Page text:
Interventions to Improve Care for Patients with Limited Health Literacy

J Clin Outcomes Manag. 2009 Jan 1;16(1):20-29.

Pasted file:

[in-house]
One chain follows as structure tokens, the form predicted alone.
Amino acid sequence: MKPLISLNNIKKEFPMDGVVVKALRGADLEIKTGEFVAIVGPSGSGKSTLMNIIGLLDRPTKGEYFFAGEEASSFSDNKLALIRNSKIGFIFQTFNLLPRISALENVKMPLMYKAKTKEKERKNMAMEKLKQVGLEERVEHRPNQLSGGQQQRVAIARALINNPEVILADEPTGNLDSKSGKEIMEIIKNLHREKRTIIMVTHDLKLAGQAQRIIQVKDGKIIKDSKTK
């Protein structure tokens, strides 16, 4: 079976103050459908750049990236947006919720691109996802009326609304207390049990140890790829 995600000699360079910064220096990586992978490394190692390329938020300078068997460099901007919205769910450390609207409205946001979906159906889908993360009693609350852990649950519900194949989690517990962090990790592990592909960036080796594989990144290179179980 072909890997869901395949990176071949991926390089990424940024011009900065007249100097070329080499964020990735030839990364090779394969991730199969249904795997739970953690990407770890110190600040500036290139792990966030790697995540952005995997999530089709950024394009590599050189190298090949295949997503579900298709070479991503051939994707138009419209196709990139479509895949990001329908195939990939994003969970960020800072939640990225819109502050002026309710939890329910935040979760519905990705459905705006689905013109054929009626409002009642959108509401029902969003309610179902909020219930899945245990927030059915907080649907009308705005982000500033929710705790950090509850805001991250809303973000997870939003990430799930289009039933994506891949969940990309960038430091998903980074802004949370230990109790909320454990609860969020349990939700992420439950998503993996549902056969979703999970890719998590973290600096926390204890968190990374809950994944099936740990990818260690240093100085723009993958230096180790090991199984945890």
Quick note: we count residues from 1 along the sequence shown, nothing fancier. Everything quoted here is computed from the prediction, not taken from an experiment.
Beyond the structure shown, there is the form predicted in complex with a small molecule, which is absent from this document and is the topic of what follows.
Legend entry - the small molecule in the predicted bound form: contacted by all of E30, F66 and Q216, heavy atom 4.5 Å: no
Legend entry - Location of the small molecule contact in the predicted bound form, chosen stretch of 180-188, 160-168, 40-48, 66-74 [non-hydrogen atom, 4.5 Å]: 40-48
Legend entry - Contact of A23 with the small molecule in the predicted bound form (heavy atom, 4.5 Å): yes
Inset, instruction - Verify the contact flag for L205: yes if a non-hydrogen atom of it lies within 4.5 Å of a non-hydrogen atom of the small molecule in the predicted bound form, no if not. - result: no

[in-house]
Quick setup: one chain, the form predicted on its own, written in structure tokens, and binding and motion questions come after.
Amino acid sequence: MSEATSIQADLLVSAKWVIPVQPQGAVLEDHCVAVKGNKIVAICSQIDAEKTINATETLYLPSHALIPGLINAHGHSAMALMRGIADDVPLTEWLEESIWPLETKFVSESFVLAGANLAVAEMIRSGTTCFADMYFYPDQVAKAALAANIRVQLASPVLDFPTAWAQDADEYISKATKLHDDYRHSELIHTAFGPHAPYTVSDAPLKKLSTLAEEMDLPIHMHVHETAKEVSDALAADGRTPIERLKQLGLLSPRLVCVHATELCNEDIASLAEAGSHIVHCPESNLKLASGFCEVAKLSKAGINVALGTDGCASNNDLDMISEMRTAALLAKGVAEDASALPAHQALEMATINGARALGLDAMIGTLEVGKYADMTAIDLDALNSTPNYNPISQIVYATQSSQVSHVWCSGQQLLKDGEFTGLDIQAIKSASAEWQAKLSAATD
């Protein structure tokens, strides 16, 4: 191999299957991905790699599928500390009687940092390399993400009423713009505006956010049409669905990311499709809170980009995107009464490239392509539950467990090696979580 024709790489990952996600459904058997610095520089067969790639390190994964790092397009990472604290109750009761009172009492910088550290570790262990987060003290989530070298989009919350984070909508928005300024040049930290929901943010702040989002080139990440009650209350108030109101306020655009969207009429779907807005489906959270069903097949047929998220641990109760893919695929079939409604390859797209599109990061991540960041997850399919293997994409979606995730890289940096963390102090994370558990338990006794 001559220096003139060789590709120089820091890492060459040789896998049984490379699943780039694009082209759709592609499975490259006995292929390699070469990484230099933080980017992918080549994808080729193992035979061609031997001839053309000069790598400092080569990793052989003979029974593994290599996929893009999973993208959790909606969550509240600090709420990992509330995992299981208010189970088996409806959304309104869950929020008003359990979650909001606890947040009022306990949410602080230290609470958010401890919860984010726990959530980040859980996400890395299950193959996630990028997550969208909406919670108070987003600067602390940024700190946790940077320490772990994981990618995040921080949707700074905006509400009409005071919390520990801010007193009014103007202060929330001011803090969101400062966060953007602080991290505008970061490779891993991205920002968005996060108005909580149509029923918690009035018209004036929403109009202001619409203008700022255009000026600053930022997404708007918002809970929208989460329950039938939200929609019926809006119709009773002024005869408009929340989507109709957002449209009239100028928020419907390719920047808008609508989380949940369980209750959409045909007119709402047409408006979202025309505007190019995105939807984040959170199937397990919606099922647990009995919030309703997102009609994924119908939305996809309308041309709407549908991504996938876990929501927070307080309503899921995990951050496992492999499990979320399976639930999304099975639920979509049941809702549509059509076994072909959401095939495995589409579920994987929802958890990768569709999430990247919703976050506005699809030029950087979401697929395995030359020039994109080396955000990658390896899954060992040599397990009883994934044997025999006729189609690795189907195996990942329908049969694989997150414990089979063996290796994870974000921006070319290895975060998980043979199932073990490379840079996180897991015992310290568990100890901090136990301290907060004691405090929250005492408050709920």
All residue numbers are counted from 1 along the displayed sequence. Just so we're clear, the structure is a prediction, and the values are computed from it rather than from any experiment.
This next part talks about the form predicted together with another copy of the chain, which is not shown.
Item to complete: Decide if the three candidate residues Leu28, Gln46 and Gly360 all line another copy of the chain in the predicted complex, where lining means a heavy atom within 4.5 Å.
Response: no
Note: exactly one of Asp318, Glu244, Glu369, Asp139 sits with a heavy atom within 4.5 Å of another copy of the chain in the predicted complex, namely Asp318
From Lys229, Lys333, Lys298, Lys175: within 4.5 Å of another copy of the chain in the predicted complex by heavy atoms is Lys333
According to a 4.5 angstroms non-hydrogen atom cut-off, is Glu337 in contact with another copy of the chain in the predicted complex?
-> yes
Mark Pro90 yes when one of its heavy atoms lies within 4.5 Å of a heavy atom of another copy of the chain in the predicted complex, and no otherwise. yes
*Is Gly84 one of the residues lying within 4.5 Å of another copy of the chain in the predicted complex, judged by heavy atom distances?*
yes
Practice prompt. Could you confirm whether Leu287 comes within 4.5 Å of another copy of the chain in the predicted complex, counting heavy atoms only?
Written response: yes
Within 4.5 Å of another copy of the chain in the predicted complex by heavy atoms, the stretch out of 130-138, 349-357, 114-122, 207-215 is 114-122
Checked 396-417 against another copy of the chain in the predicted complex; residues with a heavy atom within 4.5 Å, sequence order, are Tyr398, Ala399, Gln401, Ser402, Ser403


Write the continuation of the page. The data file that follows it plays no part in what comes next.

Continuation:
OBJECTIVE: To propose a framework and describe best practices for improving care for patients with limited health literacy (LHL). METHODS: Review of the literature. RESULTS: Approximately half of the U.S. adult population has LHL. Because LHL is associated with poor health outcomes and contributes to health disparities, the adoption of evidence-based best practices is imperative. Feasible interventions at the clinician-patient level (eg, patient-centered communication, clear communication techniques, teach-to-goal methods, and reinforcement), at the system-patient level (eg, clear health education materials, visual aids, clear medication labeling, self-management support programs, and shame-free clinical environments), and at the community-patient level (eg, adult education referrals, lay health educators, and harnessing the mass media) can improve health outcomes for patients with LHL. CONCLUSION: Because LHL is prevalent, and because the recommended communication strategies can benefit patients of all literacy levels, clinicians, health system planners, and health policy leaders should promote the uptake of these strategies into routine care.